Santner had been sidelined for a prolonged period with a knee injury but proved his fitness in a one-off T20 against Sri Lanka earlier this month. Also making a return to the one-day squad is Tom Latham who takes over the wicketkeeping duties from Tim Seifert.
All-rounder Colin de Grandhomme has been recalled to the ODI outfit after being rested in the preceding series against Sri Lanka.
Blackcaps coach Gary Stead is hoping to use the five-match series against the Indians as a preparation board for the 2019 ICC World Cup in England.
“Our two main priorities have been to select and prepare a squad capable of winning what is shaping as a massive series against India, and gathering as much information as possible ahead of the ICC Cricket World Cup in England and Wales,” Stead stated.
The first ODI between New Zealand between New Zealand and India will be held at Napier on January 23 with the final match of the series set to take place on February 3. The five ODIs will be followed up by a three-match T20 series.
NEW ZEALAND 14-MAN SQUAD
Kane Williamson (c), Tom Latham (wk), Trent Boult, Doug Bracewell, Colin de Grandhomme, Lockie Ferguson, Martin Guptill, Matt Henry, Colin Munro, Henry Nicholls, Mitchell Santner, Ish Sodhi, Tim Southee, Ross Taylor.
New Zealand’s cricket and rugby stars will now be playing for the Lomu-Crowe trophy in their inaugural ‘Black Clash’ T20 match to commemorate the two sporting icons of the country.
In a homage to former New Zealand batsman Martin Crowe and former All Blacks stalwart Jonah Lomu, the winning team from the inaugural clash will be feted with the trophy named after the two sporting greats.
Christchurch’s Hagley Oval will be the setting for the hotly anticipated T20 clash between former and current players of New Zealand’s rugby and cricket teams. Team Rugby is being led by current All Blacks skipper Kieran Read and includes star outside back Israel Dagg along with siblings Beauden and Jordie Barrett.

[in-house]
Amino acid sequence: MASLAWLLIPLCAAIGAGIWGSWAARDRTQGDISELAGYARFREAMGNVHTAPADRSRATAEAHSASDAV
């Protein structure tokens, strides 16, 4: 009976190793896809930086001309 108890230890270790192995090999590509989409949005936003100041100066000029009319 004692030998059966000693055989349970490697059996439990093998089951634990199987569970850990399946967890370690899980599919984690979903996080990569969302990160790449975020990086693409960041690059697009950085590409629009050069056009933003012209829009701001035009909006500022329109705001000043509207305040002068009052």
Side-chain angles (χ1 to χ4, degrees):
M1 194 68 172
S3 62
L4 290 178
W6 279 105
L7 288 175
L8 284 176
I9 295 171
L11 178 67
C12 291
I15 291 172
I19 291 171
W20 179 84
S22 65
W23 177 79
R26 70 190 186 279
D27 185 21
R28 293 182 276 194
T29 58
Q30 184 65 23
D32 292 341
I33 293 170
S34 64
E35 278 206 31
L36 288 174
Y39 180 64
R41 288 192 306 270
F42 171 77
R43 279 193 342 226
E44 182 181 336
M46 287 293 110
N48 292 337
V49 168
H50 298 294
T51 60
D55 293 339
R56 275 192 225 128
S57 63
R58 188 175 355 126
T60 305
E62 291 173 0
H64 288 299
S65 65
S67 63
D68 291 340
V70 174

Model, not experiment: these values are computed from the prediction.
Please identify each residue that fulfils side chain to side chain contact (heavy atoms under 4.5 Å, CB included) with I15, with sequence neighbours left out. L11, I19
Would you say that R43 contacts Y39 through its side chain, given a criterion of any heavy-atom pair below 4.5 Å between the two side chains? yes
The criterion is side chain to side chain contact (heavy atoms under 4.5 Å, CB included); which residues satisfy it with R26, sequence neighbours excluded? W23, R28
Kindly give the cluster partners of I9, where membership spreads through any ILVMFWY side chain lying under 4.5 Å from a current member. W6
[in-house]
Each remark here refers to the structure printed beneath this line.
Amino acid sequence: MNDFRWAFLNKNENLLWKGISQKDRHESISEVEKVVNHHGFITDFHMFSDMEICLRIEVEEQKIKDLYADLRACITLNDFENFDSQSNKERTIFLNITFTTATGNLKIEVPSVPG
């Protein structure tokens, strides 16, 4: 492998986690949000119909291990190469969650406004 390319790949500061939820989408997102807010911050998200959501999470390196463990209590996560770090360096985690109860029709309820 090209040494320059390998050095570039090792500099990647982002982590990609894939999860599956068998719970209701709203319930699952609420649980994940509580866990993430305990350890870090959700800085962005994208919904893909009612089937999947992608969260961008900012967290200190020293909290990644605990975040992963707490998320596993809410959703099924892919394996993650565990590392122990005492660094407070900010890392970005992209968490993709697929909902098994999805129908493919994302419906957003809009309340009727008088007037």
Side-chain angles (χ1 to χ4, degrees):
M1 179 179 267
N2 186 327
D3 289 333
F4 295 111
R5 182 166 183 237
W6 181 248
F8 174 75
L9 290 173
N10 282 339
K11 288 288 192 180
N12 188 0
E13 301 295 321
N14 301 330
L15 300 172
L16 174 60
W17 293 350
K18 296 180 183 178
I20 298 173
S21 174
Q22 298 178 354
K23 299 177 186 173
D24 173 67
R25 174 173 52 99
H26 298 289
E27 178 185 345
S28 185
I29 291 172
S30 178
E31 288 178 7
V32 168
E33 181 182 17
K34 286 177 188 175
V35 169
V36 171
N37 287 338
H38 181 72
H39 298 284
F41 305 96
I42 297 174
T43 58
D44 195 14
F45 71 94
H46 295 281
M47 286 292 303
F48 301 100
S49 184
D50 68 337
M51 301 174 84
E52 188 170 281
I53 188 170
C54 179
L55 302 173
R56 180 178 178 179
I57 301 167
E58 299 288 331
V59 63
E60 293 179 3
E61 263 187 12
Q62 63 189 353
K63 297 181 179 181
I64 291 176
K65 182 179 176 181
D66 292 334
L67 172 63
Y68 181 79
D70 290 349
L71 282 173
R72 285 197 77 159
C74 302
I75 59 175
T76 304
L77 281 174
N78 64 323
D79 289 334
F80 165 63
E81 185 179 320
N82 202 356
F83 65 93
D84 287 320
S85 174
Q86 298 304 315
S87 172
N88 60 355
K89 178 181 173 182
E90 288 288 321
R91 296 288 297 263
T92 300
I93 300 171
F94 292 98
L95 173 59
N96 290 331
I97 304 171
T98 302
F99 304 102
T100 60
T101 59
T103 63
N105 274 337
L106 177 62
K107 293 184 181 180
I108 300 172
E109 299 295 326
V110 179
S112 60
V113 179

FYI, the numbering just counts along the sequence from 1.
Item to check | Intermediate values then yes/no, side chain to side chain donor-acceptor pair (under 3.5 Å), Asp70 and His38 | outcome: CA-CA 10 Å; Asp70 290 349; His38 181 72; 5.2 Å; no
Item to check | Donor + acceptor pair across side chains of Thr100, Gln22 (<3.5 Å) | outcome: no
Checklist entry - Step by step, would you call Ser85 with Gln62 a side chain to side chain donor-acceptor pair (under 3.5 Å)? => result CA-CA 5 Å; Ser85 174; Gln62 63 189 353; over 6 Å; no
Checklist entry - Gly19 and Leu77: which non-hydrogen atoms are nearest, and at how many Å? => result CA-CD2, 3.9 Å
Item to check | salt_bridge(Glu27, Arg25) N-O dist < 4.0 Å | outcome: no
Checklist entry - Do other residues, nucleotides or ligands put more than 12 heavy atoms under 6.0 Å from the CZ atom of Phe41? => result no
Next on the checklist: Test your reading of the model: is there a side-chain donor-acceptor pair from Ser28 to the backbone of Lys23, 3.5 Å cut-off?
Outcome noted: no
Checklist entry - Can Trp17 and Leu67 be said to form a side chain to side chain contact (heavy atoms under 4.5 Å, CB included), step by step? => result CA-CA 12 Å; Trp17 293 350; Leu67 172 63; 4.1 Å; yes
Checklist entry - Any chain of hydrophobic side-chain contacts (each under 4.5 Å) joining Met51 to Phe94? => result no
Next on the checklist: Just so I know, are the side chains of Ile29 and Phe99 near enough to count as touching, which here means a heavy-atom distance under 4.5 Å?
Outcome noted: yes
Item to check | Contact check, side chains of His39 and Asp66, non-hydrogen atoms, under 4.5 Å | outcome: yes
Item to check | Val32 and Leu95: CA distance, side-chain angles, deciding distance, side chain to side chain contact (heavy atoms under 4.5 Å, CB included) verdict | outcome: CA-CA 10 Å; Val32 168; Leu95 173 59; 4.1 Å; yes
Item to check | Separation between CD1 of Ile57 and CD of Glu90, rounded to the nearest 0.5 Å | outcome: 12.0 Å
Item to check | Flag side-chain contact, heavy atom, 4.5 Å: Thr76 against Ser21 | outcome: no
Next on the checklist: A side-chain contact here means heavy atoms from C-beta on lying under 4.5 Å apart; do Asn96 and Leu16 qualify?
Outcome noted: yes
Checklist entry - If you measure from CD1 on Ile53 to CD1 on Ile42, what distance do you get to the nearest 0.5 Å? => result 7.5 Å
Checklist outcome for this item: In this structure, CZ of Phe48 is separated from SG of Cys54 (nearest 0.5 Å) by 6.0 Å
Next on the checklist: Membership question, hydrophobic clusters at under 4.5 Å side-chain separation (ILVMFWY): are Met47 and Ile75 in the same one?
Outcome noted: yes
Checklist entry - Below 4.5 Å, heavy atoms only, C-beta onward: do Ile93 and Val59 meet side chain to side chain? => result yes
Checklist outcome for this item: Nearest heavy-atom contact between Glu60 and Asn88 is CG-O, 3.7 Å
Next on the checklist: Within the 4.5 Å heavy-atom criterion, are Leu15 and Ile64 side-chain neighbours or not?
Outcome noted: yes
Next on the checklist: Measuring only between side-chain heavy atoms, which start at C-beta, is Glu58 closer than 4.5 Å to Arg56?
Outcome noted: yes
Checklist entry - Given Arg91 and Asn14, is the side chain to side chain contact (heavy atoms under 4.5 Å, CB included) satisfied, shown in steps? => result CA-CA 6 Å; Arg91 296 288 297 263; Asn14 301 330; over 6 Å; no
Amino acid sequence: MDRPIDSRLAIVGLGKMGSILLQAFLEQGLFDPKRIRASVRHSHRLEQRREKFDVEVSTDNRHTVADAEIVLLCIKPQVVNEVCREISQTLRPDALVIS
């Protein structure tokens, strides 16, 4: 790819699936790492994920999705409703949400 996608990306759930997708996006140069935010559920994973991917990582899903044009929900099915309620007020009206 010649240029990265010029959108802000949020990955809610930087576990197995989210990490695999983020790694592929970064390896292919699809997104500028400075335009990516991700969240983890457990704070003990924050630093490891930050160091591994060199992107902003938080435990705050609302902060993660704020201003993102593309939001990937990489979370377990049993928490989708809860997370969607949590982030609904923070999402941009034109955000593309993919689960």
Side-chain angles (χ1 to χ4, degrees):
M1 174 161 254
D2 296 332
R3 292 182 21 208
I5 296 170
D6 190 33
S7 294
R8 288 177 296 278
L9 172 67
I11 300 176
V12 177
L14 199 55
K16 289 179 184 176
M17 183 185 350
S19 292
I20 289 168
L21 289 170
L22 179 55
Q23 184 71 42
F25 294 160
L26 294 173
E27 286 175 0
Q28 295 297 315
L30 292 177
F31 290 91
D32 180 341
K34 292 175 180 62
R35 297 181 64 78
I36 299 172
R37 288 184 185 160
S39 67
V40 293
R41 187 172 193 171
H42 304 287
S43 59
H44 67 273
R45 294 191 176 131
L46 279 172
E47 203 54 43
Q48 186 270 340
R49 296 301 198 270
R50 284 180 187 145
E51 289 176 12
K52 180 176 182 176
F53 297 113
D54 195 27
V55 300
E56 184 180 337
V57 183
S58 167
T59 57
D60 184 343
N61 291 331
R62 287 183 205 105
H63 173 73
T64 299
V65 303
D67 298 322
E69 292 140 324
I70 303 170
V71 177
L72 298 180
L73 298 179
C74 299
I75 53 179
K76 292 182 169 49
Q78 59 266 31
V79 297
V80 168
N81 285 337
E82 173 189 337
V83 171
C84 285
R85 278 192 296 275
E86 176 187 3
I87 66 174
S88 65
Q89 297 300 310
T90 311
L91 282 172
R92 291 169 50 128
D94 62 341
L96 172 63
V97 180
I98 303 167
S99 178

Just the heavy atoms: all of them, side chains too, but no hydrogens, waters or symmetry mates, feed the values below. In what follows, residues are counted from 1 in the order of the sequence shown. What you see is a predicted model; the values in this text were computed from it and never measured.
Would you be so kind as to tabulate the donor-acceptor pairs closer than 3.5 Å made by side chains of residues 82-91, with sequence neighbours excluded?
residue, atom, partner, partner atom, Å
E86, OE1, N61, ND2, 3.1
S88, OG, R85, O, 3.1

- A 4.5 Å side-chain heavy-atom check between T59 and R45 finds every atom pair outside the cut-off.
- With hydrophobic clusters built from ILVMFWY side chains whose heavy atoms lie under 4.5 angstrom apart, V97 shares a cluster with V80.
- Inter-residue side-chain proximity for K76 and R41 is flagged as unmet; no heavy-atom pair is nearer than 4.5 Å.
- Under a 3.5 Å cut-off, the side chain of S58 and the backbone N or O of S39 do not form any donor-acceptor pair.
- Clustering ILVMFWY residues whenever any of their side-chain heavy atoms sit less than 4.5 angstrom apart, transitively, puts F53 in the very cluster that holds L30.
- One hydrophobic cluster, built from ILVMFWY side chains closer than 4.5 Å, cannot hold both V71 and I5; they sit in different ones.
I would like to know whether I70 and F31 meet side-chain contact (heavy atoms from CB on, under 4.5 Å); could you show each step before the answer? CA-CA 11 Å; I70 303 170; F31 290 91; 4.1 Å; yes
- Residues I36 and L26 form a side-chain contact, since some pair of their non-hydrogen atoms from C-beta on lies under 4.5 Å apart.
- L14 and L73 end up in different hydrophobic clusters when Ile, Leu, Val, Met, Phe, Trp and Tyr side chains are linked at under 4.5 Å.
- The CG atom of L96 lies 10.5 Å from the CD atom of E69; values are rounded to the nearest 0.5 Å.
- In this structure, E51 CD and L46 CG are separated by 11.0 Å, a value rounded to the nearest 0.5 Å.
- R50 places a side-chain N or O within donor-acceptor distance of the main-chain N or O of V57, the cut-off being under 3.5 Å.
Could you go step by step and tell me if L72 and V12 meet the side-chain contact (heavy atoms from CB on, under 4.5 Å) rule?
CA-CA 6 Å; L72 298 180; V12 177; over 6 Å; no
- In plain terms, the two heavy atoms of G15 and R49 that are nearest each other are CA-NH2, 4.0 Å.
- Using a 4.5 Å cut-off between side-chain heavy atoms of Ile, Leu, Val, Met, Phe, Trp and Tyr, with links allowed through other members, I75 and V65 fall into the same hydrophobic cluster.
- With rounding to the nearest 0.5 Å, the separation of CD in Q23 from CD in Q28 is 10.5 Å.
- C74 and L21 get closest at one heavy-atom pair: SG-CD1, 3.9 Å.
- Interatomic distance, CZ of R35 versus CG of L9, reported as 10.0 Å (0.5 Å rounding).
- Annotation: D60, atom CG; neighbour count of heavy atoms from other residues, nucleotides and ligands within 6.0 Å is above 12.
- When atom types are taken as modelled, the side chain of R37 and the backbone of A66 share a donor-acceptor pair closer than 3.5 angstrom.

It also includes former All Blacks skipper Richie McCaw while former Australia batsman David Hussey has been picked as the international wildcard.
Team Cricket are led by former Blackcaps skipper Brendon McCullum and includes the likes of Chris Harris, Luke Ronchi, Nathan Astle, Grant Elliot and James Franklin. McCullum’s men are yet to pick their international wildcard for the tie which takes place on January 25.
The event has been conceptualised by former New Zealand captain Stephen Fleming along with Duco Events director David Higgins. The proceeds from the T20 clash is set to go to the New Zealand Cricket and Rugby Players Associations to help with player welfare needs.
The Lomu-Crowe trophy was unveiled by the organisers on Wednesday with Higgins expressing his delight at the chance to honour the two New Zealand legends.
“It’s truly fitting that the names of these two national heroes have pride of place on what is a wonderful, iconic piece of Kiwi art,” Higgins was quoted as saying by the New Zealand Herald.
“I’ve always believed that Martin and Jonah have not been fully recognised for the contribution they made to the country through their tremendous deeds on and off the sports field. Both Martin and Jonah were men whose achievements transcended the sports field. So to be able to honour them even in a small way by naming the T20 Black Clash trophy the Lomu-Crowe trophy just feels right,” he added.